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What Is A Revocable Trust?

A revocable trust (often called a living trust or probate avoidance trust) is the most commonly used type of trust in estate planning; it should be distinguished from irrevocable trusts which are used rarely. The most important difference between these trusts is that revocable trusts can be changed. Irrevocable trusts, in general, cannot be changed. Revocability also allows for the termination of a trust.  In most circumstances, the grantor of the trust, the person that creates the trust, can change or terminate a revocable trust.

In many instances people use revocable trusts for probate avoidance. Property and assets that are transferred to trusts do not need to be probated. Instead, the trust instructs how the property and assets are to be distributed. Although property in a trust bypass probate, it is important to consider which assets are transferred to a trust. Typically, retirement accounts and life insurance policies should not be owned by trusts because they bypass probate, if beneficiary designations are properly used.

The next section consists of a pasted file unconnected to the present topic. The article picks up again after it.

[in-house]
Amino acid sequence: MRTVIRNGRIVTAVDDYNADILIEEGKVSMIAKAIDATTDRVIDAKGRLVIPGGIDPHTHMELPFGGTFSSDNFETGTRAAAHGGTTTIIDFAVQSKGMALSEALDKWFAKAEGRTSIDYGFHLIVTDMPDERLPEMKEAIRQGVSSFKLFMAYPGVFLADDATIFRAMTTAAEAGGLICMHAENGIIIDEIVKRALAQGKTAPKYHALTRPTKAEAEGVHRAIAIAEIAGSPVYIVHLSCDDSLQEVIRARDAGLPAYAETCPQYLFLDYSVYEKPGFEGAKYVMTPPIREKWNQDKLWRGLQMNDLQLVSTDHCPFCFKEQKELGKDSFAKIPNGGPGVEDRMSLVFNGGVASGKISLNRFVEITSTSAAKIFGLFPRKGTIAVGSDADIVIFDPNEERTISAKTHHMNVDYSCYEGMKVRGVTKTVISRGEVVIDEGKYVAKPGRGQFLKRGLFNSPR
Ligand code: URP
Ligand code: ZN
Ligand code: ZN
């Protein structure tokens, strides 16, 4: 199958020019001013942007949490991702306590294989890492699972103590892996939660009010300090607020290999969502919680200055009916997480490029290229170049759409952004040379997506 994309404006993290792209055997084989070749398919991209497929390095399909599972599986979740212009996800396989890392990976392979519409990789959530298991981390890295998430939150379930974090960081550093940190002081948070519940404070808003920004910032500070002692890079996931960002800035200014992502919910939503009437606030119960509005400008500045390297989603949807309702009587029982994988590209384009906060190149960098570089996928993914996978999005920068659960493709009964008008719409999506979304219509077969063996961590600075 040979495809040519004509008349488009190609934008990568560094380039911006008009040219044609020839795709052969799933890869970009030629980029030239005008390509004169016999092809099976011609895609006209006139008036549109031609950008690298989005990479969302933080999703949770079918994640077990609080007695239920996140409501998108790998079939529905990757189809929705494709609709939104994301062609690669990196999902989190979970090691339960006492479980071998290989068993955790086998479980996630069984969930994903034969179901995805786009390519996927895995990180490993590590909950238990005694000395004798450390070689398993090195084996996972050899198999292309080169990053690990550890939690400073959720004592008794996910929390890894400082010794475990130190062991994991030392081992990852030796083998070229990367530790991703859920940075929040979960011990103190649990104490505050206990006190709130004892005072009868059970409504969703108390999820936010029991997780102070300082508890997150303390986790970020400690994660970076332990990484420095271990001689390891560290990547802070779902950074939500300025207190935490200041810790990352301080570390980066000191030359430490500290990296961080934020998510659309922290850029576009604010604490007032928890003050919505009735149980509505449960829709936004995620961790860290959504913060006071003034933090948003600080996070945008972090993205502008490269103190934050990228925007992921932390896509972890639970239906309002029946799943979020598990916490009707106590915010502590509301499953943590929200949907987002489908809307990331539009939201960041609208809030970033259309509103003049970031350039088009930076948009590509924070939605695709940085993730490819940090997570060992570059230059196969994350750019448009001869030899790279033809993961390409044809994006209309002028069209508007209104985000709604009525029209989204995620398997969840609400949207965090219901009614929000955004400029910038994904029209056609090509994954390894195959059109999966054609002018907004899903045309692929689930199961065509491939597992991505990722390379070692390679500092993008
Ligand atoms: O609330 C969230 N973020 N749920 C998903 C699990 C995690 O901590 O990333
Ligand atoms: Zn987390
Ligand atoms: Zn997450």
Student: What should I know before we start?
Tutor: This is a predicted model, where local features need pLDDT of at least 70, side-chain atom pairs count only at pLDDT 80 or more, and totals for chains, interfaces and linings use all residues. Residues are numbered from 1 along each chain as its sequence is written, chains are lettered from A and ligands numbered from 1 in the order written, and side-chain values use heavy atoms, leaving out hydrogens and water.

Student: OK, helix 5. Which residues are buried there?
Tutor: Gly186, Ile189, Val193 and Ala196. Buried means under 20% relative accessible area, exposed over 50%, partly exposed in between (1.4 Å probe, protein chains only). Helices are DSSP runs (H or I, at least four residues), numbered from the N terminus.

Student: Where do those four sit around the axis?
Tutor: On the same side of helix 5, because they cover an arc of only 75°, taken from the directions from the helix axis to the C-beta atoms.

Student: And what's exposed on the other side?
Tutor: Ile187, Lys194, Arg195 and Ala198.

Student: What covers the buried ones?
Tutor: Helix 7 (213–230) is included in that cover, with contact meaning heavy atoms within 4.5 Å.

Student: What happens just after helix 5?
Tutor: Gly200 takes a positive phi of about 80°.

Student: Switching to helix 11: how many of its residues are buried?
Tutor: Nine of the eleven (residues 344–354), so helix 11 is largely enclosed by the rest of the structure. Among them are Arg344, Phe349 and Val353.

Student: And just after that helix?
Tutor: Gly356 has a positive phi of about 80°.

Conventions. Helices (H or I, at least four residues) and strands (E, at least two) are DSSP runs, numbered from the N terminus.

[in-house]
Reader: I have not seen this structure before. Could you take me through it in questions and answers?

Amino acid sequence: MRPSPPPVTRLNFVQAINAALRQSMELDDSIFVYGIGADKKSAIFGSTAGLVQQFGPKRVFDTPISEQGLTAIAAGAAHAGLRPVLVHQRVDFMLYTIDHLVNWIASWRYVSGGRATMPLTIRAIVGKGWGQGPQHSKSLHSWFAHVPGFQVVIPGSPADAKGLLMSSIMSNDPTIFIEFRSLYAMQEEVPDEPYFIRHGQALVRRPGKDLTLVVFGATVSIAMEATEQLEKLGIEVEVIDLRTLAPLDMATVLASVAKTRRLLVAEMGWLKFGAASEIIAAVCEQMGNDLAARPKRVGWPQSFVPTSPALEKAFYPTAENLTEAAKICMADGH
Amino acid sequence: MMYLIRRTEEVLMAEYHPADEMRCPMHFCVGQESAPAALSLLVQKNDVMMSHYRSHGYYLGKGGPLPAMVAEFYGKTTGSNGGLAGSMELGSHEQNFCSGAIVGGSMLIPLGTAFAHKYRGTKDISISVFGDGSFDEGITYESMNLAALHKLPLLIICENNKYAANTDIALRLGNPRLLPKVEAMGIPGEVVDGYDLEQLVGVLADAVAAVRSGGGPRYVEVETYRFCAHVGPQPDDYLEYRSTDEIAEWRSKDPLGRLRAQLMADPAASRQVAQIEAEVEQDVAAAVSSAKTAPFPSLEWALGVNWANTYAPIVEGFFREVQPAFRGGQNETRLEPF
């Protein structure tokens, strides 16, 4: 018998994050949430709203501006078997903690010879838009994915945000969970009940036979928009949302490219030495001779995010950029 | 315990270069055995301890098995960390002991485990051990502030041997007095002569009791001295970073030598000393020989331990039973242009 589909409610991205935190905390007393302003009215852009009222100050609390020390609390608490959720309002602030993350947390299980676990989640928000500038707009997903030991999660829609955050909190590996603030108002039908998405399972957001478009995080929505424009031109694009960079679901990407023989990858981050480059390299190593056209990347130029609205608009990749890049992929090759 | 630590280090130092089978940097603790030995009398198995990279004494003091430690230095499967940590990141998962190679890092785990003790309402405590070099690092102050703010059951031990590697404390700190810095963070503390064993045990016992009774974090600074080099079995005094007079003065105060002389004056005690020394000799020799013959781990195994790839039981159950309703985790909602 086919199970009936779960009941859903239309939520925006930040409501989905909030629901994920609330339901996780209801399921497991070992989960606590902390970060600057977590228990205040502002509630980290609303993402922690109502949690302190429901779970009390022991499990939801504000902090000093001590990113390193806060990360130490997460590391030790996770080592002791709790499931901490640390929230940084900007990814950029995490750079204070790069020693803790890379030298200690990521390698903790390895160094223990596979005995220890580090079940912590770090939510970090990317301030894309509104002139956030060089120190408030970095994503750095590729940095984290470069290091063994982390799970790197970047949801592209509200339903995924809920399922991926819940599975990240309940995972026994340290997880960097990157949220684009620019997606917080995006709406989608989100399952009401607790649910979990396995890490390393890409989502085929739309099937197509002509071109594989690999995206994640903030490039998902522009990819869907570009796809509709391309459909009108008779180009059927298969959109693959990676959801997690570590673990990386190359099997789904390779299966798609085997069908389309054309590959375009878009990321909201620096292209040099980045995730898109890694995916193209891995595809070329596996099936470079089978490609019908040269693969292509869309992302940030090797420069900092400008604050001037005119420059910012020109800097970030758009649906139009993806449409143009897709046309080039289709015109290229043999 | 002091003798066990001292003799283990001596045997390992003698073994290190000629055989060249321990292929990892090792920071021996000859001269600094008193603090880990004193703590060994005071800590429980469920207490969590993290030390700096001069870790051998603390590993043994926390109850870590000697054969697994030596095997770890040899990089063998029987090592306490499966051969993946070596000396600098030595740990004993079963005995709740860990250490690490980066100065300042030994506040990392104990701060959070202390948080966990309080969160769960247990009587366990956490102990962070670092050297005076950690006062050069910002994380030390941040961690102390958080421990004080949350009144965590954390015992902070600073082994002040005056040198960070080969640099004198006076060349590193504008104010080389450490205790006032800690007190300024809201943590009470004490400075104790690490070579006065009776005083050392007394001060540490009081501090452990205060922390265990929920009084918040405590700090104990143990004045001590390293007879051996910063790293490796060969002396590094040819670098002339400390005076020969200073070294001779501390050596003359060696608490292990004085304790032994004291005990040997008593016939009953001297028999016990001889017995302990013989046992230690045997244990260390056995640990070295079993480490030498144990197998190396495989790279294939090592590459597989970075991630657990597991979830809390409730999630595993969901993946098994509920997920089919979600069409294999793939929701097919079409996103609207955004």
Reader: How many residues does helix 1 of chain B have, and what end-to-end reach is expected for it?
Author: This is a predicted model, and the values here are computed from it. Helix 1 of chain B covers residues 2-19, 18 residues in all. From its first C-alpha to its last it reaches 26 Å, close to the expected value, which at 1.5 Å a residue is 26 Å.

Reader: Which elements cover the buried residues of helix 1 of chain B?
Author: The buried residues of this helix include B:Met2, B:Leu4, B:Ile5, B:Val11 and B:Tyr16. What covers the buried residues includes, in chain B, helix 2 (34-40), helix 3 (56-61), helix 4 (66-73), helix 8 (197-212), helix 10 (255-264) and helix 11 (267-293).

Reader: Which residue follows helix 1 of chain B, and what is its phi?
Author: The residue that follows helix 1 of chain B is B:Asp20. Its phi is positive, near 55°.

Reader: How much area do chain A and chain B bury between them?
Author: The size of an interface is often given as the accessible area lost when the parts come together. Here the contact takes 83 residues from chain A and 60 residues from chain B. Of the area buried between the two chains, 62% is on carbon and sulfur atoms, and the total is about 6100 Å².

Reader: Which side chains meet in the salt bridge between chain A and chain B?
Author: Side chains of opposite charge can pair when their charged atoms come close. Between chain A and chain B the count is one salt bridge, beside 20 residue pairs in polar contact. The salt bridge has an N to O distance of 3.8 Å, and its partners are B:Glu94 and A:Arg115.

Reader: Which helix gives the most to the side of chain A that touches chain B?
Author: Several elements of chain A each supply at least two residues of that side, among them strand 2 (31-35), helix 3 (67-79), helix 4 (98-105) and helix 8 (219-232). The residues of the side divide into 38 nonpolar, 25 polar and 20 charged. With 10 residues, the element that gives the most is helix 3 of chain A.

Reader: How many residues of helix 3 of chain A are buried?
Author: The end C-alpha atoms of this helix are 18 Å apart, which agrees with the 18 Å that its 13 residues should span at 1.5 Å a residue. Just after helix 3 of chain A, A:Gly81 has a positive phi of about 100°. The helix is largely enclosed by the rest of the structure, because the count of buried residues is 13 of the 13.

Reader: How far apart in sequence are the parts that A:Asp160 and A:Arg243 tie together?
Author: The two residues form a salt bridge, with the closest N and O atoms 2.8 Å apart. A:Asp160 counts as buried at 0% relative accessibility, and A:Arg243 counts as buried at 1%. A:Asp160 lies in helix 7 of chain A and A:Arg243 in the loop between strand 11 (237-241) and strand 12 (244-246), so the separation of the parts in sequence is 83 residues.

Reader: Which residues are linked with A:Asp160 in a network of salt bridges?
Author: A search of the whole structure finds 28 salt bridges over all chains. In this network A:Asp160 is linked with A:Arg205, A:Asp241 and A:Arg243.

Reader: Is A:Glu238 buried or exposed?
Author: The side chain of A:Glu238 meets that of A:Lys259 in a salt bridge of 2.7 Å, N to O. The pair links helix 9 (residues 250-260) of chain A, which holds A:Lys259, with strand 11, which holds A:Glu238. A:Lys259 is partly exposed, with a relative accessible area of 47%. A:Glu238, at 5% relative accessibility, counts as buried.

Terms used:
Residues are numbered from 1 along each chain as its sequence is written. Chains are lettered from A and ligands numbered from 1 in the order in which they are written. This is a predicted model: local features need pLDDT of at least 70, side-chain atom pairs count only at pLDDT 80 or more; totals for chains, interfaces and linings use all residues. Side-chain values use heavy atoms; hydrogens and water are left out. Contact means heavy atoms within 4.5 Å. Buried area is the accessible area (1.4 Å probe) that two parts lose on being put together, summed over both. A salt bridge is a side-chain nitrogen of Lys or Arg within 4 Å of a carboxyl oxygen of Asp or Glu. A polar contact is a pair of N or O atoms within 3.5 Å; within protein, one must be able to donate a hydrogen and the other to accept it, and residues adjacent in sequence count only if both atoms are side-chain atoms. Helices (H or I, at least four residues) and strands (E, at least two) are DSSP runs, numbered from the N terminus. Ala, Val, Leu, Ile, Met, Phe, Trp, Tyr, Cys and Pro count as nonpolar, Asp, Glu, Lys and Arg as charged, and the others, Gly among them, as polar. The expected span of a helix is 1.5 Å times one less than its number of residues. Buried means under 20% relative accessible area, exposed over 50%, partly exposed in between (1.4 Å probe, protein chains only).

Many people want to know if transferring property to a revocable trust will affect their ability to use the property. Most people will notice no change in managing property once it is transferred to a revocable trust, except that some documents may need to be signed with the title of trustee.